Evangelical leaders debate 2016 election
Campaign 2016 | Event illustrates stubborn divide over Donald Trump
by J.C. Derrick
Posted 9/16/16, 02:59 pm
WASHINGTON—Four evangelical leaders engaged Friday in a cordial yet passionate debate that illustrates ongoing disagreement over how people of faith should vote in the presidential election.
“Evangelicals are among the most vocal critics of both presidential nominees, while others vocally back Donald Trump,” said Jerry Johnson, president of National Religious Broadcasters, which hosted the event. “We’re holding this forum … in the hope that it will result in more light and less heat.”
C-SPAN aired the National Press Club debate between four politically vocal evangelicals: Erick Erickson, radio host and founder of The Resurgent; Bishop Harry Jackson, a Maryland pastor and founder of the High Impact Leadership Coalition; Janet Parshall, an author and radio host; and Bill Wichterman, former special assistant to President George W. Bush.
All four came from different perspectives, but Jackson and Parshall argued in favor of voting for Trump, while Erickson and Wichterman said they would not vote for either Trump or Democrat Hillary Clinton.
Erickson said he understood why some Christians might come to the conclusion Trump represents the lesser of two evils, but he insisted publicly supporting the businessman damages Christians’ credibility. He cited Trump’s offenses—including bragging about adultery and not paying his debts—and his refusal to ask God for forgiveness. Erickson said the 1 Corinthians 5 admonition not to associate with sexually immoral persons who claim to be believers applies today to the church universal.
“If we are in the public square advocating for someone like [Trump], what good is it for us as Christians to say we believe in the inerrancy of Scripture, when it clearly says not to associate with someone like that?” said Erickson, who plans to write in retired NFL quarterback Peyton Manning on his ballot. “Between two evils, God has never asked his people to choose the evil. He has done it for them.”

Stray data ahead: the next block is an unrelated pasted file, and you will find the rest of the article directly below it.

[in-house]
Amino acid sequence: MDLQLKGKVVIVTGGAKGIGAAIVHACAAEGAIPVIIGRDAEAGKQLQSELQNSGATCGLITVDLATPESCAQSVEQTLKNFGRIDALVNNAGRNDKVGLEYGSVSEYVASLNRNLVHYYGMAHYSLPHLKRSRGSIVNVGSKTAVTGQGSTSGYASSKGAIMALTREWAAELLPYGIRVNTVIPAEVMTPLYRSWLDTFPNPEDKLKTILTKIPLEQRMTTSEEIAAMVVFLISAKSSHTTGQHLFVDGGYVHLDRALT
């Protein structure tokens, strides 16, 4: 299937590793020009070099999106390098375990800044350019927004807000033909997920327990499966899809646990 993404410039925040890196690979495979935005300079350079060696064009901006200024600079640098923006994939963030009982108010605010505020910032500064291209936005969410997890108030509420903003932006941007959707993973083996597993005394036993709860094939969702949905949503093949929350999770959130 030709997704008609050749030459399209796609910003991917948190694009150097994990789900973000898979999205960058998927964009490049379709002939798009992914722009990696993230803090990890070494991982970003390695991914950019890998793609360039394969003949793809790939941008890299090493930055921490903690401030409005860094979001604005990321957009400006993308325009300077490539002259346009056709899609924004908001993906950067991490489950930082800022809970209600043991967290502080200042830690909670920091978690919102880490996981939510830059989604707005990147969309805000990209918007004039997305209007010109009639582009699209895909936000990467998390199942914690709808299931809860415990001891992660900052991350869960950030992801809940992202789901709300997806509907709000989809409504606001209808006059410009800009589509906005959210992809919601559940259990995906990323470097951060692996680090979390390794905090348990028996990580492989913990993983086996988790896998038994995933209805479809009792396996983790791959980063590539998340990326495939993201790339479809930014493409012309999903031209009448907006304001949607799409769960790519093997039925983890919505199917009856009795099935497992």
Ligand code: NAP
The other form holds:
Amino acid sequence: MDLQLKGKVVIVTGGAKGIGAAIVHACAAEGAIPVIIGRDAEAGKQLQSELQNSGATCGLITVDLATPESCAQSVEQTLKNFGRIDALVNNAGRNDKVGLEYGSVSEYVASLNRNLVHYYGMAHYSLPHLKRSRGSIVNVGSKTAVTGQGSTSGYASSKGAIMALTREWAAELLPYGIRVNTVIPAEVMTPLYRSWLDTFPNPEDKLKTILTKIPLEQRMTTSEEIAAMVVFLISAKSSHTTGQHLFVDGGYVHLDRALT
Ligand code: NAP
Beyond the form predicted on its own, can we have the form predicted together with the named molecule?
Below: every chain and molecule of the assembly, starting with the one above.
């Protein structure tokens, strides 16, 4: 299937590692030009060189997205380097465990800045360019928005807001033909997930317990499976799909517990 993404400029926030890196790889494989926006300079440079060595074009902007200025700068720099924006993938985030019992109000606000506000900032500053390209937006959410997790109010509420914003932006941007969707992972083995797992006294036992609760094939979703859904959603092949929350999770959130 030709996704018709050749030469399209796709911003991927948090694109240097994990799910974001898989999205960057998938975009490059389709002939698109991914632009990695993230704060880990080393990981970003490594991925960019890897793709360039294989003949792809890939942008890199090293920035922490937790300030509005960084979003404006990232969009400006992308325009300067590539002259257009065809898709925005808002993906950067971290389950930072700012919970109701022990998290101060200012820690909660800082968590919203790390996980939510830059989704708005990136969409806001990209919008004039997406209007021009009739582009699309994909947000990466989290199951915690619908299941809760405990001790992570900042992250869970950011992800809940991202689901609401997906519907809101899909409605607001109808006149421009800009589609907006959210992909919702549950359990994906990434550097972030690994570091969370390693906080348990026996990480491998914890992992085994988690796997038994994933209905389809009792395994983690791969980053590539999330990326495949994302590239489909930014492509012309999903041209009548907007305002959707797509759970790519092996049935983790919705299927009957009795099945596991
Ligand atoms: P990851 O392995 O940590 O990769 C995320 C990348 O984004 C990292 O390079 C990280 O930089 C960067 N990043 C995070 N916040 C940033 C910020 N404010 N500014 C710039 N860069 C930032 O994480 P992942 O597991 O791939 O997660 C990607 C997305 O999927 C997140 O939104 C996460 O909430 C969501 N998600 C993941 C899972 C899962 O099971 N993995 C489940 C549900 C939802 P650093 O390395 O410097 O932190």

Parshall pointed to polls suggesting an overwhelming number of evangelicals have come around to support Trump. She said that was the correct, pragmatic position and detailed a long list of sexual misdeeds of former presidents, including Thomas Jefferson, James Garfield, and Bill Clinton.
“We are not electing a messiah,” Parshall said. “I don’t fear for having anything less than a sinner in the Oval Office.”
Parshall also listed the sins of biblical characters, saying, “God has a record of using flawed and broken people, even when it doesn’t look right to us.”
Erickson said all those biblical characters had two key differences from Trump: God chose them, and they all repented.
Jackson focused his remarks on issues facing minorities, especially the African-American and Hispanic communities. He said the rise of Trump was a result of conservative Republicans who had not delivered results for urban communities. “I wish we were not at this point, but this is where we are,” he said.
Jackson outlined seven reasons he believes Christians, and especially minorities, should support Trump: religious liberty, Supreme Court justices, support for Israel, education reform, economic development, criminal justice reform, and tax incentives for families.
Jackson acknowledged concerns about Trump’s character, but said a citizen politician could be very helpful for the country: “The folks who control the system—their grasping little fingers need to be broken off the controls. We need some organized chaos for a moment.”
Wichterman, who declared support for independent candidate Evan McMullin, said the idea that Trump is the lesser of two evils dismisses the threat the businessman poses to the American form of government. As evidence, Wichterman cited Trump’s support for killing terrorists’ family members, his praise of “dictators like Vladimir Putin,” and his praise for the way Communist China handled the Tiananmen Square massacre.
Wichterman said those who dismiss Trump’s rhetoric as unlikely to come true are hypocritical. “Many people who won’t vote for Clinton because she’s a liar are voting for Trump because they hope he’s a liar,” he said.
Three of the four debaters are participants in WORLD’s evangelical insiders survey, which has documented the disagreement over Trump for more than a year. In last month’s survey, 44 percent—the most to date—said they would back Trump, but 48 percent said they still planned to abstain or write in a name.
Some evangelical leaders, including The Gospel Coalition contributor Thabiti Anyabwile, have publicly argued in favor of voting for Clinton.